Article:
Protocols and analysis pipelines

The sampling protocol, sequencing technology, quality control and sequence analysis pipelines make a huge difference in what can be detected at the microscopic level. For metagenomics datasets, the set of methods employed is probably the most valuable piece of information for a data user. There are two ways to convey this type of information in a tabular form:

In the first case, the information can be structured using defined terms, which makes it easier for users to compare methods once the data is aggregated with other dataset. In addition to that, this is a good way to make the information compatible across platforms. For example, the BIOWIDE eDNA Fungi dataset uses GGBN extensions. However, GBIF won’t index these extenstions as it indexes only Core and Multimedia ones. Which means that the information isn’t displayed on the portal. In fact, it is only available to users downloading the raw Darwin Core archive (see screenshot below).

Download Raw DwC-A

The alternative is to use some of the Darwin Core terms. For example, Mgnify organized its datasets as follow:

These fields are displayed on the occurrence and event pages but contain mostly free text. The lack of structure can be an issue when comparing data from different data sources.

Note that the methods can also be described in the datasets metadata. For example, the SCAR - Microbial Antarctic Resource System metadata-only datasets contain sampling and laboratory protocols (see for example Microbial Fungi in soils on different Sub-Antarctic islands)

A third option could be to do both: structure the information in extensions and make it available in Darwin Core terms. This approach would require more work but would ensure that the information is structured and accessible to more users.

Extensions available

A few extensions are currently available for structuring laboratory protocols. As mentioned previously, BIOWIDE eDNA Fungi dataset uses GGBN extensions. The MIxS sample extension can also be an alternative.

Keep in mind that GBIF doesn’t maintain extensions (it is up to the community) so some extensions available can become deprecated.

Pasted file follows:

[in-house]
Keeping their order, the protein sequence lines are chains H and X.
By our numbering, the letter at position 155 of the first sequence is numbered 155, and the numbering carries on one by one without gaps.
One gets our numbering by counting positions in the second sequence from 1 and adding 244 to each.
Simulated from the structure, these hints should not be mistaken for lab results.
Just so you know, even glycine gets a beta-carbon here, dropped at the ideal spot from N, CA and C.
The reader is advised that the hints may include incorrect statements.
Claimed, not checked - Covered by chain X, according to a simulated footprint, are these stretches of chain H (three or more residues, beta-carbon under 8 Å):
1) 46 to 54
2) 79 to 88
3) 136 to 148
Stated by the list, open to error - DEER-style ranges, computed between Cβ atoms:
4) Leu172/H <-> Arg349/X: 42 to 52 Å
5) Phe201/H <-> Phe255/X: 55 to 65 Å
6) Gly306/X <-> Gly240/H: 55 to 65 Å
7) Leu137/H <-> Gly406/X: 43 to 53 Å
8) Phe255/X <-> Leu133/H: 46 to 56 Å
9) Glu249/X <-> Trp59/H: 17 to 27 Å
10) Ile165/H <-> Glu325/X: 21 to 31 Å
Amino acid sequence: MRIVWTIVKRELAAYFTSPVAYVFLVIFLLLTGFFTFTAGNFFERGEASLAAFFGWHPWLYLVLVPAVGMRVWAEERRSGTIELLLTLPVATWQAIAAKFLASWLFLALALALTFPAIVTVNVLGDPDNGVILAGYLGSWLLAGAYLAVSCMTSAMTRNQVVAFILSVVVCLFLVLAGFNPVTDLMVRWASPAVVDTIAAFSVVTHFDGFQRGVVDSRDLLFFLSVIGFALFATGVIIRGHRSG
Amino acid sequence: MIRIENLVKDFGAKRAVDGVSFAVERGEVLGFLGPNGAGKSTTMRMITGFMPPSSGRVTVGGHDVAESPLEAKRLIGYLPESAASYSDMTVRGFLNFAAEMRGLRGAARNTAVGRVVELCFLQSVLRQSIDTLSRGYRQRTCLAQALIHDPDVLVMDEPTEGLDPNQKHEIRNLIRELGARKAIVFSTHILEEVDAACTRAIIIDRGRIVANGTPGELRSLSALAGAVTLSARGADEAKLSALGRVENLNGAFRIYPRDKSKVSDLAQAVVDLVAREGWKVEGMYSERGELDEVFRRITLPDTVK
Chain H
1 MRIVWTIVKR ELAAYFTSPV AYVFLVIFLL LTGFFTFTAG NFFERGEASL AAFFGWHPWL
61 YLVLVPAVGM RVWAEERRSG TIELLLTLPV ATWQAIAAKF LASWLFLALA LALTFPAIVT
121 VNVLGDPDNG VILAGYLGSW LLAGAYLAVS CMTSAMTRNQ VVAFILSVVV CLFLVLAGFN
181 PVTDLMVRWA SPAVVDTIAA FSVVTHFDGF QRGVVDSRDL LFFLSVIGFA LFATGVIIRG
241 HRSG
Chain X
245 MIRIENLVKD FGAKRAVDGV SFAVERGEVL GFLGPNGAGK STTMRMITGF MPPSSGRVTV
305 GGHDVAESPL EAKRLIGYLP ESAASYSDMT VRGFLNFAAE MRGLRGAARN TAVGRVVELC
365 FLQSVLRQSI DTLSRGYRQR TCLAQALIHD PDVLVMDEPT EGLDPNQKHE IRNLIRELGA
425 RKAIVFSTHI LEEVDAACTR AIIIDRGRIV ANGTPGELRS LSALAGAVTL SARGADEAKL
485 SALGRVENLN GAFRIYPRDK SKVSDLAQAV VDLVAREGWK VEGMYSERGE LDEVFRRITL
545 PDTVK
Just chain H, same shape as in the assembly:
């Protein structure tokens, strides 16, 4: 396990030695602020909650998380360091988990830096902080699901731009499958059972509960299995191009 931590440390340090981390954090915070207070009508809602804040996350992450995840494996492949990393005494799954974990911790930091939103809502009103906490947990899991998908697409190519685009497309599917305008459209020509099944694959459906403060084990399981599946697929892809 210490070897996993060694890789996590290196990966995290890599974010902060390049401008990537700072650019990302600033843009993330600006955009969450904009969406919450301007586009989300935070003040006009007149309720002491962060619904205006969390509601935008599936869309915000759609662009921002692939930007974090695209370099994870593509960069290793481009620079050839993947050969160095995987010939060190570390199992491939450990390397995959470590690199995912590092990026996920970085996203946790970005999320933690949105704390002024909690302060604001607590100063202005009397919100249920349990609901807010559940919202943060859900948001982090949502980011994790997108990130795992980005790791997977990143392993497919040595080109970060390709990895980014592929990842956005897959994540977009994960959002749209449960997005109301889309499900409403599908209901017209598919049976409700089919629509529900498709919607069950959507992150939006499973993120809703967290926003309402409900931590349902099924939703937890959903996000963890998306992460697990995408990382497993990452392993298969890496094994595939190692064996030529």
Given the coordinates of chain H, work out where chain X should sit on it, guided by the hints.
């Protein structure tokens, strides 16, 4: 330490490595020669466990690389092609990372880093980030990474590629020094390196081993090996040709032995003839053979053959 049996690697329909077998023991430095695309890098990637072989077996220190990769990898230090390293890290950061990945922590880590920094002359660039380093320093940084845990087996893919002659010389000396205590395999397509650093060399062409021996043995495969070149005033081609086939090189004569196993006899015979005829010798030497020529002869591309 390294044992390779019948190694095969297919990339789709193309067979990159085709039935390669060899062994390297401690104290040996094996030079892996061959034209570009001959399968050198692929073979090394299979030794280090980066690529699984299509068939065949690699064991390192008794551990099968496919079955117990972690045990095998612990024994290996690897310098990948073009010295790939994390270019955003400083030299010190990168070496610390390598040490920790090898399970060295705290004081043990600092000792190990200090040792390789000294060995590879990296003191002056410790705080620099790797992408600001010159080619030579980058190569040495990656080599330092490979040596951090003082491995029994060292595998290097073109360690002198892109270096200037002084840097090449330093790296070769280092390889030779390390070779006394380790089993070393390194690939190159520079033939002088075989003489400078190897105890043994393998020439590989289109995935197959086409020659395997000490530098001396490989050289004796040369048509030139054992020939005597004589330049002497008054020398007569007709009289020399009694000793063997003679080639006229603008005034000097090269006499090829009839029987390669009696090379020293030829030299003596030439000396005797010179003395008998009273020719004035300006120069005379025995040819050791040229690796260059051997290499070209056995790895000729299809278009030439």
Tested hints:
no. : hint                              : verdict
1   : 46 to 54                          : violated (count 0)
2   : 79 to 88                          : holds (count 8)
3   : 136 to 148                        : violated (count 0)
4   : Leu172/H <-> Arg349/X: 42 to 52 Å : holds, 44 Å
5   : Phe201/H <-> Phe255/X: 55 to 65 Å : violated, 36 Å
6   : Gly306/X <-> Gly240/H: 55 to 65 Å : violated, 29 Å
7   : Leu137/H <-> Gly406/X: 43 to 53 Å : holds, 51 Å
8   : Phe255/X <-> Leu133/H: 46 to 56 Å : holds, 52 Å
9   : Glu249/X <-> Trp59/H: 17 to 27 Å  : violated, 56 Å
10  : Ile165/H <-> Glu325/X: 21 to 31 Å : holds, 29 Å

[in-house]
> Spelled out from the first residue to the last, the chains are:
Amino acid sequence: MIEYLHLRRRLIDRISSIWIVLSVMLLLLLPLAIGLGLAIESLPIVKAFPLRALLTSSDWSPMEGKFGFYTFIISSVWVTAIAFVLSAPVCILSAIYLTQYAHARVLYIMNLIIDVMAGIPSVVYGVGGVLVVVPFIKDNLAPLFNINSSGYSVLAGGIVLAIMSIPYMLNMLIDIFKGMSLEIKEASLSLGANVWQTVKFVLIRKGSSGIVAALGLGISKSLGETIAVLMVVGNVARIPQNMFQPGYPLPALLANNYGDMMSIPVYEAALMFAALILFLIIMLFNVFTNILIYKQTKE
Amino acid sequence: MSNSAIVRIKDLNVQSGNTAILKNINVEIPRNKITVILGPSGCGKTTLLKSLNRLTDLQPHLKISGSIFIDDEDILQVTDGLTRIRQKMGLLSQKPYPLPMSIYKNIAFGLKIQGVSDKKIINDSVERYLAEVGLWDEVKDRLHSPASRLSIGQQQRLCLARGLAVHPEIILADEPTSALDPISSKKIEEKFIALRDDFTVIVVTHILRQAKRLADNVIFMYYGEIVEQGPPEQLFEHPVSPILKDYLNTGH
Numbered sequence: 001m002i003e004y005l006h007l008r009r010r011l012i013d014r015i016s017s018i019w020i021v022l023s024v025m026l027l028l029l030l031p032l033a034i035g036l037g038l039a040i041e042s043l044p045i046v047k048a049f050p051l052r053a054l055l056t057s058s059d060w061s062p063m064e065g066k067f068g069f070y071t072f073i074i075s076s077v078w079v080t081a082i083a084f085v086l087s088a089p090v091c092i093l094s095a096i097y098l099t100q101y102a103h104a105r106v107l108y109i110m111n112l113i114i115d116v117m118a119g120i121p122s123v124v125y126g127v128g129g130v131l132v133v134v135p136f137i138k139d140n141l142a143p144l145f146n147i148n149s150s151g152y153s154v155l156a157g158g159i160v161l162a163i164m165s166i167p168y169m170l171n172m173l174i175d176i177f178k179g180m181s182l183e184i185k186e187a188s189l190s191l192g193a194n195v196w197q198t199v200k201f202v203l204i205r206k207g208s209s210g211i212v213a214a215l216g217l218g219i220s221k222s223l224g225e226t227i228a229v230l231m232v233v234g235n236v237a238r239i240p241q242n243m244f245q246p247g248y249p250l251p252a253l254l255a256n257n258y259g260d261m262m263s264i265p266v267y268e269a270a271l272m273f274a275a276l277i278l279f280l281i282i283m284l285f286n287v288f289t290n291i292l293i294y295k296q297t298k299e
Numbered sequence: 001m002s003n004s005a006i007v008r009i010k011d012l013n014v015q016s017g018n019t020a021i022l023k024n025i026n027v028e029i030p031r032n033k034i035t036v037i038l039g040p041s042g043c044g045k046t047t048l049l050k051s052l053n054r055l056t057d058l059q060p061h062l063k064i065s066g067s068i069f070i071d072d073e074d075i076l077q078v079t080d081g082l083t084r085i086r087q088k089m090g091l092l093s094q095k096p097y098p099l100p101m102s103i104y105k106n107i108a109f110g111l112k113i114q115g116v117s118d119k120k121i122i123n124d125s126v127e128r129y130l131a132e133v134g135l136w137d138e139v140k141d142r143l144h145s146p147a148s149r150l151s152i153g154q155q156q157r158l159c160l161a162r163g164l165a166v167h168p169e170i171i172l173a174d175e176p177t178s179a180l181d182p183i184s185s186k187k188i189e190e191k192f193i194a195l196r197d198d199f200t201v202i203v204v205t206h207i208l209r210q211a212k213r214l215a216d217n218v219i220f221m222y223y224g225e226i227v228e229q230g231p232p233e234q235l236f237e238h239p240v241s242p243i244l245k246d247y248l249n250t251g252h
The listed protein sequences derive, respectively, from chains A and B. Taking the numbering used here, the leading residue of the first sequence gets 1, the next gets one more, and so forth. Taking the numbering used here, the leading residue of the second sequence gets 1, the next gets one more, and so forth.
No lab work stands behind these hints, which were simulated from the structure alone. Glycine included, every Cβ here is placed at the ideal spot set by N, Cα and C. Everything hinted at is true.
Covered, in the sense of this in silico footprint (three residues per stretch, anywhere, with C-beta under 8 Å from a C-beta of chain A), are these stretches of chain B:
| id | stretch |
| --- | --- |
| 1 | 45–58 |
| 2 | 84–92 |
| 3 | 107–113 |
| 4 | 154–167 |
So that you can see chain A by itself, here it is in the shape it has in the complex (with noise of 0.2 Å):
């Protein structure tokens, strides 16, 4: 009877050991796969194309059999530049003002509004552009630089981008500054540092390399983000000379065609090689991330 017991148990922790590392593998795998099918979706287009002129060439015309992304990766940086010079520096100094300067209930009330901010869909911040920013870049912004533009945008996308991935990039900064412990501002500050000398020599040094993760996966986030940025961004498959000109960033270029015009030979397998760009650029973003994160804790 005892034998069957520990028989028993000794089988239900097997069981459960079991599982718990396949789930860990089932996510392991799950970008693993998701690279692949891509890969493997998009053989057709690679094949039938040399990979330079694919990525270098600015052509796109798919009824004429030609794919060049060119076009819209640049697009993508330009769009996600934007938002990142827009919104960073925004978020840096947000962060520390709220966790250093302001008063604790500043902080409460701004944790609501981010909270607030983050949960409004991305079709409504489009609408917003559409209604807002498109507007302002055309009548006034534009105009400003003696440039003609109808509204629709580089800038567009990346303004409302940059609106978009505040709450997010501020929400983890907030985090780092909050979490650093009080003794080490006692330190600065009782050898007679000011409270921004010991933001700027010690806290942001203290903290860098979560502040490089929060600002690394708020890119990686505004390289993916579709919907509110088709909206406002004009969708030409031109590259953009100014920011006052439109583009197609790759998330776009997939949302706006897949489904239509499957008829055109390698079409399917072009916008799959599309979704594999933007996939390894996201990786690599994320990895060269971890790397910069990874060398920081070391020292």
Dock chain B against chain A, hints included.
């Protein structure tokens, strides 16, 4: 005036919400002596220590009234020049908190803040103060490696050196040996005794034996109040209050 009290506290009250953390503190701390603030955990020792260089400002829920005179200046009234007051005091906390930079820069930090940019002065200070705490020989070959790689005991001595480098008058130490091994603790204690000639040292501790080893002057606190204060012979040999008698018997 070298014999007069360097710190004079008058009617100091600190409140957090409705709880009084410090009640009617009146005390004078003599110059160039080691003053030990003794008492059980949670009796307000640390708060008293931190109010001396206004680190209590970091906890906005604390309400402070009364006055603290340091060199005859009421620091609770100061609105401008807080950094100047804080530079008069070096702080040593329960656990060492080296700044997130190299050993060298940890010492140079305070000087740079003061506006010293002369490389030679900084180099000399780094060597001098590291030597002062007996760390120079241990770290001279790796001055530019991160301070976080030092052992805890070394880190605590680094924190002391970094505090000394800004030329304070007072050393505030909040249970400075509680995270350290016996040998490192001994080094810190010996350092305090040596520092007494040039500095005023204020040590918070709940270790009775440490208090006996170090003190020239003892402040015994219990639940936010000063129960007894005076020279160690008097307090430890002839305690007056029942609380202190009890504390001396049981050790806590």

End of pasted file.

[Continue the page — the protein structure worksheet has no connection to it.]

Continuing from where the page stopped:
You cannot make your sequences available directly on GBIF but you can reference them via the dwc:associatedSequences field or share them via an extension.

The dwc:associatedSequences field should contain a reference to a sequence (for example to EBI or EMBL) not the sequence itself, see for example, the Centre for Biodiversity Genomics - Canadian Specimens.

The GGBN extensions allow to share sequences but it is not indexed by the system and is therefore available only in the raw Darwin Core archive, see the BIOWIDE eDNA Fungi dataset.

Environmental data

Your samples or observations might be associated with measurements such as the water salinity or the soil pH. You can structure this type of information by using the MeasurmentOrFact extension. However, as I mentioned in the two paragraphs above, GBIF doesn’t index extension so these measurements would only be available in the Darwin Core Archive.

An alternative would be to use the dwc:dynamicProperties field. This solution is not ideal but the properties will be displayed on the portal (see this occurrence from the Inter-Comparison of Marine Plankton Metagenome Analysis Methods).

Perhaps the best solution for now would be to use both MeasurmentOrFact and dwc:dynamicProperties to ensure that the information is accessible.

In summary

Publishing molecular data on GBIF is like publishing any other type of data, it depends on each particular case. We are still figuring things out and would appreciated any thoughts on the topic. Don’t hesitate to leave a comment or email helpdesk@gbif.org if you have any question.